LAS VEGAS -- Casino regulators on the British Channel Islands on Wednesday suspended the gambling license of Full Tilt Poker, halting the company's online card games and intensifying its legal problems in the U.S.
The Alderney Gambling Control Commission said in a statement it was immediately suspending Full Tilt's license after an investigation prompted by earlier federal indictments in New York, accusing company executives and associates of bank fraud, money laundering and other crimes.
Full Tilt officials did not immediately respond to messages seeking comment.
Online poker operations are illegal in the U.S. under a 2006 law that forbids financial institutions from processing payments related to illegal online gambling. Prosecutors in New York say employees of Full Tilt, Poker Stars and Absolute Poker skirted this law by disguising payments, creating shell retailers online and pushing money through as sales for things like golf balls and flowers.
The Alderney commission said its internal investigation showed that Full Tilt employees and associates operated contrary to its gambling laws. It set a hearing on the matter for July 26 in London.
"The decision to suspend the eGambling license was in the public interest and, because of the seriousness and urgency of the matter, it required that immediate action be taken ahead of the regulatory hearing," said Andre Wilsenach, the commission's executive director.
PokerScout, a website that tracks online poker traffic worldwide, showed zero users playing on Full Tilt for real money Wednesday, down from an average of 9,000 at any given moment during the past week.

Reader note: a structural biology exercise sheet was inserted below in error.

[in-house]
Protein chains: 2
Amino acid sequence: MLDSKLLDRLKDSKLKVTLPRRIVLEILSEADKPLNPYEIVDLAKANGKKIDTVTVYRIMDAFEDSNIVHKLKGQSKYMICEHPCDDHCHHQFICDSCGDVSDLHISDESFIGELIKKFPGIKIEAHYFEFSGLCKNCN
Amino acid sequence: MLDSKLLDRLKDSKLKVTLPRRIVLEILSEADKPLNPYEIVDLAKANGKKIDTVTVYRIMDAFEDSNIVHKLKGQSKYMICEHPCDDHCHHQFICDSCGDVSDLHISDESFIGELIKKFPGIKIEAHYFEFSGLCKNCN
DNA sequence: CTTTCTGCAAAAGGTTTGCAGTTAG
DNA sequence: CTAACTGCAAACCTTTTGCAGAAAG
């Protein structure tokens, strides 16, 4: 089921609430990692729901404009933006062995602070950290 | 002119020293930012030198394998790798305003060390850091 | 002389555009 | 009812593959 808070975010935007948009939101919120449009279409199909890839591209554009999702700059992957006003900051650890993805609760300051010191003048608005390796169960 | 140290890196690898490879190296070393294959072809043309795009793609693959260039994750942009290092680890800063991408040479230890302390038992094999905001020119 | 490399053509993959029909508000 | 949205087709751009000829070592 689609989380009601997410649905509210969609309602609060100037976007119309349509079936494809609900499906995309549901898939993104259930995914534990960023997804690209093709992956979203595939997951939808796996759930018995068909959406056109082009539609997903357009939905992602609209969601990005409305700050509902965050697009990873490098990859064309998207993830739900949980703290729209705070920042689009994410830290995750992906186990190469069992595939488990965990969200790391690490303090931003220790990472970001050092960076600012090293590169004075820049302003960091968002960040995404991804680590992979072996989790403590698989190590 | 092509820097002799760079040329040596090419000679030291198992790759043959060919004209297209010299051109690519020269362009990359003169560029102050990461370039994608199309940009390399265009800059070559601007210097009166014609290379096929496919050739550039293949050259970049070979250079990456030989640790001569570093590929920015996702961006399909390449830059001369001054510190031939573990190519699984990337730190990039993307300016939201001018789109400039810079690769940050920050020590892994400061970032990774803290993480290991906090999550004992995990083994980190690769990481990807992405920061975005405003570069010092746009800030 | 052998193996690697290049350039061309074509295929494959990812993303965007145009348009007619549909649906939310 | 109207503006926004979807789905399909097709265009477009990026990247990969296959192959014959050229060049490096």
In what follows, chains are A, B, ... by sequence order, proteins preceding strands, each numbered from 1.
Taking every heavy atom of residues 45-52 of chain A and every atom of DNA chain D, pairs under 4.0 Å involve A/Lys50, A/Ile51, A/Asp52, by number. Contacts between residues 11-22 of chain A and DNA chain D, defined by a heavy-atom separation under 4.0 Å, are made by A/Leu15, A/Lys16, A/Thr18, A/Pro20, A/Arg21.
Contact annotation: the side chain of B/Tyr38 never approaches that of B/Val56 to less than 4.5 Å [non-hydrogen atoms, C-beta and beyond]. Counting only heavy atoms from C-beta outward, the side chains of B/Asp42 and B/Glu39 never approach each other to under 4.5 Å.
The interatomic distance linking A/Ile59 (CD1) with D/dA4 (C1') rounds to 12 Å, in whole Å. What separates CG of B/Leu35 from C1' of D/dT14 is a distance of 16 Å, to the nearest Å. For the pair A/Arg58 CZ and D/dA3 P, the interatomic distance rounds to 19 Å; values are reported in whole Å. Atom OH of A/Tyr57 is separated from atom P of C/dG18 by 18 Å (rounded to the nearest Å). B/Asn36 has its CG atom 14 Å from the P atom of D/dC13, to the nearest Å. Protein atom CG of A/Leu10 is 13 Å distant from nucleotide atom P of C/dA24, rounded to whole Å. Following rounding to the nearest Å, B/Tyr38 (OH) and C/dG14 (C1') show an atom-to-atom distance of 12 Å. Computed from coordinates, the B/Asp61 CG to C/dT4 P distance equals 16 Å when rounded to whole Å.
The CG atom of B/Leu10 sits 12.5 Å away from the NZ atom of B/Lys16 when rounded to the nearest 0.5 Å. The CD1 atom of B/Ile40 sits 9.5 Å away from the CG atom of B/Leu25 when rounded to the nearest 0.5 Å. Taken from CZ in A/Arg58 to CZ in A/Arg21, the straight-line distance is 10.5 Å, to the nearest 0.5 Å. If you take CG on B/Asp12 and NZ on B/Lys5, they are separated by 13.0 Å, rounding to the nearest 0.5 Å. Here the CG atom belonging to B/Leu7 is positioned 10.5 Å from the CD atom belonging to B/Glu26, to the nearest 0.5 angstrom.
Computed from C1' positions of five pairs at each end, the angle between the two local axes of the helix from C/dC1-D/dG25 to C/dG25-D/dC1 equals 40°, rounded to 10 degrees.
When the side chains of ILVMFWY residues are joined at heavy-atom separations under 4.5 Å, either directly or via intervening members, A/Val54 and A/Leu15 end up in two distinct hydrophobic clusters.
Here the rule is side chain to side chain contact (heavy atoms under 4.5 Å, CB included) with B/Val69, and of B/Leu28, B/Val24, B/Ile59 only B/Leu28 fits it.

The commission's move prompted gambling regulators in the Isle of Man to reaffirm the licensing status of PokerStars, the world's largest online poker site that has faced the same legal trouble as Full Tilt.
"PokerStars continues to demonstrate compliance with its license conditions in the Isle of Man," the Isle of Man Gambling Supervision Commission said in a statement. "PokerStars continues to offer withdrawals to any players who wish to withdraw their funds, including players in the USA to whom PokerStars does not currently offer real-money gaming."
Withdrawals have been a sticky topic for players loyal to the sites.
PokerStars, Full Tilt and Absolute Poker have all taken steps toward agreements with the U.S. Department of Justice to repay players who deposited online funds with the sites. But only PokerStars has begun actually repaying funds.
The site said in a statement it has repaid about $120 million to Americans, keeping funds segregated from operating accounts.
PokerStars said it also remains in compliance with regulators in other jurisdictions including France, Italy and Estonia.